Why is Buprenorphine used for the treatment of opioid dependence and severe pain?
Buprenorphine is a synthetic opioid drug that is a partial, long-acting µ-opioid receptor agonist. It also has effects on the κ- and δ-opioid receptors. Due to its partial agonist pharmacological profile, the effects of buprenorphine plateau at high doses, which is associated with a more beneficial safety profile. Buprenorphine is one of the drugs approved and widely used for medication-assisted treatment of opioid dependence.1 During the medication-assisted treatment, Buprenorphine substitutes a stronger agonist opioid on which the patient is dependent, and Buprenorphine’s dose is gradually tapered down. In this capacity, Buprenorphine has been included in the WHO list of essential medications.9 Buprenorphine is also used for the treatment of severe pain not adequately controlled by non-opioid drugs because it is a potent analgesic.
Does Buprenorphine have an abuse potential?
Initially, Buprenorphine marketed as a drug with a very low abuse potential due to its partial agonist profile at the μ-opioid receptor. However, with time it became clear that it has a misuse and abuse potential of its own. The number of cases in which Buprenorphine has been diverted to the black market, misused, or abused has markedly increased. Buprenorphine is most frequently abused by injecting it intravenously or snorting buprenorphine powder. One study found that among patients receiving medication-assisted treatment for opioid dependence, 23% misused Buprenorphine intravenously.10 In different groups of patients treated for opioid dependence, the number of individuals misusing Buprenorphine has varied between 20% to 89%, but it is consistently substantial, or high.10 Buprenorphine abuse can also develop in individuals who have not been prescribed the drug.3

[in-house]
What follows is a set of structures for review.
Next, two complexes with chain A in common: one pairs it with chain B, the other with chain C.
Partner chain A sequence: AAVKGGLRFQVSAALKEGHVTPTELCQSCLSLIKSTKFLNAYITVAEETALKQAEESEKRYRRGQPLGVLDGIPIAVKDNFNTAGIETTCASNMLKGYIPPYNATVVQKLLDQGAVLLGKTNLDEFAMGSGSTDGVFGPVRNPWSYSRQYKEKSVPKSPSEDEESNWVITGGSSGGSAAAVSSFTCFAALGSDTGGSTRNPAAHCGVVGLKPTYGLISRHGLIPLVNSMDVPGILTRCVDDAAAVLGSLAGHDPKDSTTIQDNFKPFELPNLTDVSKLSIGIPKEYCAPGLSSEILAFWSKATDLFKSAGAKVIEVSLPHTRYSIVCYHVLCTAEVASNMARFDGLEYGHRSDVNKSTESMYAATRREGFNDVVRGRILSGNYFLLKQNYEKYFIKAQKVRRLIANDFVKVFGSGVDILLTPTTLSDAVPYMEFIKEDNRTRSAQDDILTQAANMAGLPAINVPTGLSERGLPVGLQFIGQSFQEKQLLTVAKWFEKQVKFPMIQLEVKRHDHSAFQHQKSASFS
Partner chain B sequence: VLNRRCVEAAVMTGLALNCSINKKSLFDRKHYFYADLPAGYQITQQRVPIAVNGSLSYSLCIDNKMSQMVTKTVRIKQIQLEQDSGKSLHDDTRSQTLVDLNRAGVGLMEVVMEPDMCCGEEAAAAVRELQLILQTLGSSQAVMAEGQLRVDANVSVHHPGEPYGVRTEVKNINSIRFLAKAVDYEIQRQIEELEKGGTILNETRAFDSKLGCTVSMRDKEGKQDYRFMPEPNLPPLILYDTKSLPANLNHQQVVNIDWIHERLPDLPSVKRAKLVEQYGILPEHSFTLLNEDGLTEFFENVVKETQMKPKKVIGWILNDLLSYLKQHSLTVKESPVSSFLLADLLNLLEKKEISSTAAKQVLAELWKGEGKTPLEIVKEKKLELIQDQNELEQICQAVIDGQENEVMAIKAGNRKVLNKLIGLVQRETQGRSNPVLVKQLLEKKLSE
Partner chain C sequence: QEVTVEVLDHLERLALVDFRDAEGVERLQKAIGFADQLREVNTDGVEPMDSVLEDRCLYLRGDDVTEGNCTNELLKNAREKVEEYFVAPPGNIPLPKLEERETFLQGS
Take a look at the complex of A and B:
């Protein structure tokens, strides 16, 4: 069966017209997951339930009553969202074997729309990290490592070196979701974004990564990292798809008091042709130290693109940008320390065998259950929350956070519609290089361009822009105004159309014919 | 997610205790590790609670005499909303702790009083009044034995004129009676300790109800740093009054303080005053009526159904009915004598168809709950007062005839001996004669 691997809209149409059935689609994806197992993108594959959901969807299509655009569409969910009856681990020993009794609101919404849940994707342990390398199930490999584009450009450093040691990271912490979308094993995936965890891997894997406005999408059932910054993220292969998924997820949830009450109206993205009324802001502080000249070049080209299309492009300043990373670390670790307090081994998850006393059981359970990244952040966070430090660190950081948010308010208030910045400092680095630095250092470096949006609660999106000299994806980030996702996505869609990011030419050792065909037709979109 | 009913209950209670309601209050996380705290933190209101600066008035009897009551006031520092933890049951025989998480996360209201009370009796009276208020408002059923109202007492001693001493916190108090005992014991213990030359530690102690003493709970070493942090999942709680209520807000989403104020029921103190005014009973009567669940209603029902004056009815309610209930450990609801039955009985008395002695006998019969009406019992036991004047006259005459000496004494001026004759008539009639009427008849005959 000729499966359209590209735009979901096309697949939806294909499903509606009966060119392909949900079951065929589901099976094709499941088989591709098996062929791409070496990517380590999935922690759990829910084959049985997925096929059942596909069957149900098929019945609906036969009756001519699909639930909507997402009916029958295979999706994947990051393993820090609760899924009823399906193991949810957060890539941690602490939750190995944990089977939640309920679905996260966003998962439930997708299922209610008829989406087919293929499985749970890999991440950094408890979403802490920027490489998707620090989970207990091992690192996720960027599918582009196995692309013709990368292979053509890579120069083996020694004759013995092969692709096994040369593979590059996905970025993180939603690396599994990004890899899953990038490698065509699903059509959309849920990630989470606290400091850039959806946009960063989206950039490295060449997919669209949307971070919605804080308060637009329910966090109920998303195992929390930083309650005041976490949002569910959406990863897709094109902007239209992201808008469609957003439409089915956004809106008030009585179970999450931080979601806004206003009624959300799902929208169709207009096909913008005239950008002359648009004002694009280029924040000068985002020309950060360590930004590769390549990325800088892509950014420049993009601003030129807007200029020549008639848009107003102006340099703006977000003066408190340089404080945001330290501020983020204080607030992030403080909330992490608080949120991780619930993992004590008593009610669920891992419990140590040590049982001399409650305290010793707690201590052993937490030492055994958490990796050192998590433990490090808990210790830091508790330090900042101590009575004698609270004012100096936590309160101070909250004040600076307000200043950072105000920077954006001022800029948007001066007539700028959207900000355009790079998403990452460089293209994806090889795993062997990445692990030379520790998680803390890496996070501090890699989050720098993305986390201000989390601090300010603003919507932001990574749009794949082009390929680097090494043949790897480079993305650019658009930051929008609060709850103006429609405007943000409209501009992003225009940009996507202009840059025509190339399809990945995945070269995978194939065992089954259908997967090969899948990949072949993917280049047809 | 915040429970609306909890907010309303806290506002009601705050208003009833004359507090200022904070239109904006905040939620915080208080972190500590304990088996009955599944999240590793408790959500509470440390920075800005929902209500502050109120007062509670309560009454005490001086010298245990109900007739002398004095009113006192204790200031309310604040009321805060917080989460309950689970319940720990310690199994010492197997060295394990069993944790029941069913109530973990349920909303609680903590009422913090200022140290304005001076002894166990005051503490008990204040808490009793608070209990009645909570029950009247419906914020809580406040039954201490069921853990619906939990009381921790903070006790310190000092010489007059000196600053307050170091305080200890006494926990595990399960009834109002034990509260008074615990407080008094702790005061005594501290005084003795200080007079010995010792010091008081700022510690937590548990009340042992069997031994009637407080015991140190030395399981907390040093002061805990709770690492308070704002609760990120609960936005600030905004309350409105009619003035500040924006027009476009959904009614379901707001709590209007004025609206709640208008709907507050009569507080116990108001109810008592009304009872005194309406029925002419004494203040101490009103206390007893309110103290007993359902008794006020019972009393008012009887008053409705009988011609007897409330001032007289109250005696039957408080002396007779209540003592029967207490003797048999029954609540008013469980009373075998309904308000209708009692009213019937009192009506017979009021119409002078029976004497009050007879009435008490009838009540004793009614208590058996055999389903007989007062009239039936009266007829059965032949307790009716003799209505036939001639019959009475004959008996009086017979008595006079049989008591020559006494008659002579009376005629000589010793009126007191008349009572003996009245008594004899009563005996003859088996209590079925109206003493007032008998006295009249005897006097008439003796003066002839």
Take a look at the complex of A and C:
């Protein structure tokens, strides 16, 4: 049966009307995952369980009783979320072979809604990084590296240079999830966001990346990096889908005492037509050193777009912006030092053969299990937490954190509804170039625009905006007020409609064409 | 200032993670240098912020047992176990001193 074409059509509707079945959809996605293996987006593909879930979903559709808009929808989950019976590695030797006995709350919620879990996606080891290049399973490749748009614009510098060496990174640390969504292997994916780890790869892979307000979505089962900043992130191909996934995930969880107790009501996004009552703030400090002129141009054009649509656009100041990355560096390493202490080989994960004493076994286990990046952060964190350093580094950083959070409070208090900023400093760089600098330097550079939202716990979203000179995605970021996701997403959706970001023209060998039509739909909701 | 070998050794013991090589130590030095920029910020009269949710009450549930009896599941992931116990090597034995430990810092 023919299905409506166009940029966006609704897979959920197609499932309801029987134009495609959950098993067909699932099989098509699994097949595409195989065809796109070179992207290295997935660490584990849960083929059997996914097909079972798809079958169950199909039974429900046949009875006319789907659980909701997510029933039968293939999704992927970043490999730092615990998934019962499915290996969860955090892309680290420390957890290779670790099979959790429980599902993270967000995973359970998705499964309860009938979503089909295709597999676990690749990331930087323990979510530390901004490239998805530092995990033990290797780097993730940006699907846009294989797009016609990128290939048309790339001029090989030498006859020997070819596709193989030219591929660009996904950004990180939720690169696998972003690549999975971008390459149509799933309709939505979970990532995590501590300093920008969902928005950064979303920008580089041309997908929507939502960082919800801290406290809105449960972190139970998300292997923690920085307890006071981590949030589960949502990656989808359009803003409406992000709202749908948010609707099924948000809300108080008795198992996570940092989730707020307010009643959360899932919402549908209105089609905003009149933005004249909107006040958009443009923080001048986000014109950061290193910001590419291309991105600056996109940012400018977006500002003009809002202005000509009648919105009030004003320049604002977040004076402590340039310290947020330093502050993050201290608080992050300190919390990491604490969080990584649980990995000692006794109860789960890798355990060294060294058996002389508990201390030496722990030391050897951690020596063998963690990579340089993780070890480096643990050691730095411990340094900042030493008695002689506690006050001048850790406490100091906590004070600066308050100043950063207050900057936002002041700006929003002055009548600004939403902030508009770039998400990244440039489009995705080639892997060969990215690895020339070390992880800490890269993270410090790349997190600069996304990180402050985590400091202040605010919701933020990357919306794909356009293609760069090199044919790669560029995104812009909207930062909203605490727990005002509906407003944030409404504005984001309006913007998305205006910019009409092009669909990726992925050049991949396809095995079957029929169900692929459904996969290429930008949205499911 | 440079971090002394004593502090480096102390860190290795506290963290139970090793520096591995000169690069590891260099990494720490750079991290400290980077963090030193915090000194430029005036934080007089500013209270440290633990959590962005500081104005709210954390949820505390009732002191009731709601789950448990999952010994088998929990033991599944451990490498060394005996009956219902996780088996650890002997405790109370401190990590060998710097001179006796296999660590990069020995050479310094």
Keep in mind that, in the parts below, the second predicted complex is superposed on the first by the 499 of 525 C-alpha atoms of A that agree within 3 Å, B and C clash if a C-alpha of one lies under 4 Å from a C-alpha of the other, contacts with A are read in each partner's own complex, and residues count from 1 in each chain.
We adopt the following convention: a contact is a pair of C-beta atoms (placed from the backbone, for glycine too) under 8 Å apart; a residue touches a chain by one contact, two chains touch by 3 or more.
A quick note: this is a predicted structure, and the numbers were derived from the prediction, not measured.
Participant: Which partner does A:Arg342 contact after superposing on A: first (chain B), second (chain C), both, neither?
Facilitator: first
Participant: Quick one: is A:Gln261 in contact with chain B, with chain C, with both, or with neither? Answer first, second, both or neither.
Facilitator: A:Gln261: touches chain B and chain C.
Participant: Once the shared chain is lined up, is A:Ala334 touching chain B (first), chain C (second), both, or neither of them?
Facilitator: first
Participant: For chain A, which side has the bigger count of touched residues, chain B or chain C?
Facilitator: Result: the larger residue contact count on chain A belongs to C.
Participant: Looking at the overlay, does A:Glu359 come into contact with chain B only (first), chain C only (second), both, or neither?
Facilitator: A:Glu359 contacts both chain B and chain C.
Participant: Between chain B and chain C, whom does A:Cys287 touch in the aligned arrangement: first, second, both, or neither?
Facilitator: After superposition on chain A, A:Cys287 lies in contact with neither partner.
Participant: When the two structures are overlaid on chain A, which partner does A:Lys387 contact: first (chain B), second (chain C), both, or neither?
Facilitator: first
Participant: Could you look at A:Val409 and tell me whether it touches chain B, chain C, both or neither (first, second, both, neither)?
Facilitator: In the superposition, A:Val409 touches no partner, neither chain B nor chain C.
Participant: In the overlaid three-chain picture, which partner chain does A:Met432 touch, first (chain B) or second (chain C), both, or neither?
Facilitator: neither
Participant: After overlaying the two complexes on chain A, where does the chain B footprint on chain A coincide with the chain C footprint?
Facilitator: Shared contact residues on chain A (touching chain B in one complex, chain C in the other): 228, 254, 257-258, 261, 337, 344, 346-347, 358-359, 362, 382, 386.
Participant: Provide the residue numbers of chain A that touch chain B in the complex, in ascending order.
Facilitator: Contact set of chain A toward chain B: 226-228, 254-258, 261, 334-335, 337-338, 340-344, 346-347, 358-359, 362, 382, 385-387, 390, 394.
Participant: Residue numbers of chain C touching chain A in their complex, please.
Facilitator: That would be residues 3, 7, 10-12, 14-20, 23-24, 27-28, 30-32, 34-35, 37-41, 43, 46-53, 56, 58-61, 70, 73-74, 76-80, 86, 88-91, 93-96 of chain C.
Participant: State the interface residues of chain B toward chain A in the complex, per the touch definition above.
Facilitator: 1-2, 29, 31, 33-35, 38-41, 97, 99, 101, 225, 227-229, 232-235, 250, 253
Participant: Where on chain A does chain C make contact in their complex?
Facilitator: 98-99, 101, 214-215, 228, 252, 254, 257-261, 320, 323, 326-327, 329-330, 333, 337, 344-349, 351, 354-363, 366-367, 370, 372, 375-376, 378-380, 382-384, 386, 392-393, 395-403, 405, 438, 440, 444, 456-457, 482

One of the strategies to decrease the abuse potential of Buprenorphine in the medication-assisted treatment of opioid addiction has been the development of the drug Suboxone, which is a combination formulation of Buprenorphine and the μ-opioid receptor antagonist naloxone. However, during the induction phase of the treatment, the buprenorphine-only preparation Subutex is preferred.
What are the dangers associated with buprenorphine misuse?